- Monitoring Our Endangered Coho Salmon - While spawning coho in Central California once numbered in the tens of thousands, estimates now put their numbers at fewer than 500. Learning about the coho population through monitoring helps researchers target efforts aimed at helping the coho recover. Fishery Biologist Mike Reichmuth and Intern Ben Atencio discuss our endangered coho salmon and how they are monitored in the Bay Area National Parks.
Why Are Coho & Steelhead Important?
Federally endangered coho salmon and threatened steelhead trout are large, charismatic fish that play crucial roles in both stream and ocean ecosystems. They transport nutrients, help keep insect populations under control, and serve as food for larger fish and mammals. They also have many known habitat requirements (e.g. cool streams with unobstructed flow, good water quality, gravel beds and plenty of large debris) that impact their survival and make them strong indicators of stream health and environmental change. The National Park Service Inventory and Monitoring Program and its partners began monitoring coho and steelhead in Golden Gate National Recreation Area and Point Reyes National Seashore in 1998.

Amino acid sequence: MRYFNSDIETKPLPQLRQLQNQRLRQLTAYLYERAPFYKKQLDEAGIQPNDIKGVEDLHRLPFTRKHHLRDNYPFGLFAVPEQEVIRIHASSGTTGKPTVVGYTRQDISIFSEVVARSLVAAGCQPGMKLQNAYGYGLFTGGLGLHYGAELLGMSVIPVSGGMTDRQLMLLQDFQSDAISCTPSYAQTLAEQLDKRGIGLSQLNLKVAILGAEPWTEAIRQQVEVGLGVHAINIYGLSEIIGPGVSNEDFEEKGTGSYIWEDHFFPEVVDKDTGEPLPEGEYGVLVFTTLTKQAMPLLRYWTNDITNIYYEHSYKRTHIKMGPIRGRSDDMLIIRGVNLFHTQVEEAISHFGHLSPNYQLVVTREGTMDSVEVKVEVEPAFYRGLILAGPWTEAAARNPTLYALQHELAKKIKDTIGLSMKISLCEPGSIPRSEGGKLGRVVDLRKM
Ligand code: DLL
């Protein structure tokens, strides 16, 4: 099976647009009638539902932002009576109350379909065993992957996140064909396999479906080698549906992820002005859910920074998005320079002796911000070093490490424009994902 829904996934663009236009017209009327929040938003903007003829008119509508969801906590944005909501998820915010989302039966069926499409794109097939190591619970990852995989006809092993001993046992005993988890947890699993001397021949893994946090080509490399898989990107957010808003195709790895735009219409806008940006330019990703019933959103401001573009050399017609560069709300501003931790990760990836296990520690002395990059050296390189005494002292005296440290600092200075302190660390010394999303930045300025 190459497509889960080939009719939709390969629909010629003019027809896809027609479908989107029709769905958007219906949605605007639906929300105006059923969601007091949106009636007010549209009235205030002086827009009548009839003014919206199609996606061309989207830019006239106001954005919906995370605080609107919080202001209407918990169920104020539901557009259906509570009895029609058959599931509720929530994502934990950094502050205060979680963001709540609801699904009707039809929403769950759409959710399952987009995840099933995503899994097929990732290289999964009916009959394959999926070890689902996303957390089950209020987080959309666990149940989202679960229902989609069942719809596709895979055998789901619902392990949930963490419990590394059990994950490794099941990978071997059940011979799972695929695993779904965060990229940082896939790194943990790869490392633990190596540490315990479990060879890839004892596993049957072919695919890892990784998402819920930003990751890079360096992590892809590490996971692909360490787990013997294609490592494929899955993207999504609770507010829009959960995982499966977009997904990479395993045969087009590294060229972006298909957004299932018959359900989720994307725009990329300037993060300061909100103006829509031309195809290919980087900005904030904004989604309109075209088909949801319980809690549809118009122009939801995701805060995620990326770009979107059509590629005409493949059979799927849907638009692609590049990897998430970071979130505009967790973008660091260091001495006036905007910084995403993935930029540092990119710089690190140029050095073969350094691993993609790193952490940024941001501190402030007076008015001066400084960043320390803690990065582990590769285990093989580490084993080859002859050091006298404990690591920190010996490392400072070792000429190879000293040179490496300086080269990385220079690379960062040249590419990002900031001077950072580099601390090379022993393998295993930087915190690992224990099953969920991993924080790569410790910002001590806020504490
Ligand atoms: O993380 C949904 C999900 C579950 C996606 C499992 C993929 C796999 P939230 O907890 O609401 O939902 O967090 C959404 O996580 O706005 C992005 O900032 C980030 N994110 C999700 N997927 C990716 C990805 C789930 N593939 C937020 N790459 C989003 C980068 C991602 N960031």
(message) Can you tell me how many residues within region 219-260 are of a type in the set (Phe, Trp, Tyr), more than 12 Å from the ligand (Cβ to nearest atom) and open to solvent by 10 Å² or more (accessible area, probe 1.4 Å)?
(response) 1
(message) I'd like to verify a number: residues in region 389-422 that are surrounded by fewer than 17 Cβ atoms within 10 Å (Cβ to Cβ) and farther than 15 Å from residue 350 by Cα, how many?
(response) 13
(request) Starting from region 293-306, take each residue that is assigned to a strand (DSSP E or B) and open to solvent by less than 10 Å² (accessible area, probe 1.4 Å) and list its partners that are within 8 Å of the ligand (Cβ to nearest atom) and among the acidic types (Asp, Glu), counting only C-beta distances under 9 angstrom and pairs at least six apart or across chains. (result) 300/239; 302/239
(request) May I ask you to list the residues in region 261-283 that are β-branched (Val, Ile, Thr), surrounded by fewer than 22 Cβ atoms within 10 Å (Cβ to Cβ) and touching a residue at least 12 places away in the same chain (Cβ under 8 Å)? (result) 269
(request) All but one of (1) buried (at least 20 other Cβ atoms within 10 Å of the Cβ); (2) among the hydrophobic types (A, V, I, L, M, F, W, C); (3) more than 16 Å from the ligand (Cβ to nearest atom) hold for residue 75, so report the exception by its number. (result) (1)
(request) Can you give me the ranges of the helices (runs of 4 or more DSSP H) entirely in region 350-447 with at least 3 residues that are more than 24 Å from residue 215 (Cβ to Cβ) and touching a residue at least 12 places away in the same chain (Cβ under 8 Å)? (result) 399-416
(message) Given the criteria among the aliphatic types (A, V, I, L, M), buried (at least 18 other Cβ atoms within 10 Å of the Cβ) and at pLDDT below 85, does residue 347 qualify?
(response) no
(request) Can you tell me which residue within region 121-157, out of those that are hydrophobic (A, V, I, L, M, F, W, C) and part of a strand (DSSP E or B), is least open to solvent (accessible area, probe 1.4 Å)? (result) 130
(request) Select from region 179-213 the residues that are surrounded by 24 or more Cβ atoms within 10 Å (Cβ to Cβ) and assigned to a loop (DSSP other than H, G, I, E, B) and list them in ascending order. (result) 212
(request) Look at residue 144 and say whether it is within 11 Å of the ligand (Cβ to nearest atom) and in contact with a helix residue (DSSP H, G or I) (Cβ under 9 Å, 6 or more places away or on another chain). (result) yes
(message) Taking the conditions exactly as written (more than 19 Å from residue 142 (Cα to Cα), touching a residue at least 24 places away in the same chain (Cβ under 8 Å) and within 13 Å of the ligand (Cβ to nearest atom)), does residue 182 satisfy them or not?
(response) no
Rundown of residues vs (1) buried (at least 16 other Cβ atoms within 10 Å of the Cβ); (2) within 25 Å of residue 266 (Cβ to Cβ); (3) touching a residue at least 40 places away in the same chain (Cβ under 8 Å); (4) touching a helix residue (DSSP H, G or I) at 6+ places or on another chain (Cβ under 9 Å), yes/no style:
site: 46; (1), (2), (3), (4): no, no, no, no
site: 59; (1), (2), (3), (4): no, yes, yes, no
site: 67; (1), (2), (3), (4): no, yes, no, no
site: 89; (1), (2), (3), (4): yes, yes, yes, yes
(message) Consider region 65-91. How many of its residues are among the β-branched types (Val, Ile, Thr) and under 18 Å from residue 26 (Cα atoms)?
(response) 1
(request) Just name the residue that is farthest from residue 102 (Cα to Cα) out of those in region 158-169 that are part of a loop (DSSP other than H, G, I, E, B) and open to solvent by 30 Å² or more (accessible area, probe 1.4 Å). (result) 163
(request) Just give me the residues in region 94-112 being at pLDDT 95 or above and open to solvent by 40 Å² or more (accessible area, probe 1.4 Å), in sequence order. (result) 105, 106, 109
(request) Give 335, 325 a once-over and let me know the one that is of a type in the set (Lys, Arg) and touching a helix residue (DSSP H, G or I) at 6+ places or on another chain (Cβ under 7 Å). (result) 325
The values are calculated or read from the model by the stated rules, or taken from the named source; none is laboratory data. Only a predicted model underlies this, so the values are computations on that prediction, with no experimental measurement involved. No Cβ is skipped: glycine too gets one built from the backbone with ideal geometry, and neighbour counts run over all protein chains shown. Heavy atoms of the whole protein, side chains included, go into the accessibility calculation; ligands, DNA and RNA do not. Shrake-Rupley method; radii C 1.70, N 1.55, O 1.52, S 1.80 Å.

Why Do We Monitor Coho & Steelhead?
- To detect trends in the distribution and abundance of coho and steelhead at key life stages in creeks known to have coho, the species of primary concern
- To determine trends in fish fitness (e.g. length, weight) at key life stages
- To identify changes in coho and steelhead habitat
How Do We Use the Monitoring Data?
- To identify impaired park habitats that hinder coho and steelhead recovery
- To guide and evaluate stream habitat restoration and protection efforts
- To predict and prepare for the effects of climate change, such as changing rainfall patterns, on stream habitats and associated fish populations
What Have We Learned?
Both coho and steelhead populations have declined dramatically as a result of habitat loss, overfishing and changing ocean conditions. Spawning Central California Coast coho populations are down to only about 1% of historic levels. Because the coho have a unique life cycle where adults are normally three years old when they spawn, adults in the creek one year aren’t descendants of adults that were in the creek the previous year, or the year before that. They are offspring of adults from three years prior. This means that there are three distinct coho “cohorts” monitored at each creek. Specific trends vary by cohort and by creek, but in general coho on the West Coast are still in need of recovery actions.
For More Information
Point Reyes Fisheries Biologist
Pacific Coast Science and Learning Center
San Francisco Bay Area Network
Summary by Jessica Weinberg McClosky, July 2013.
Last updated: November 16, 2017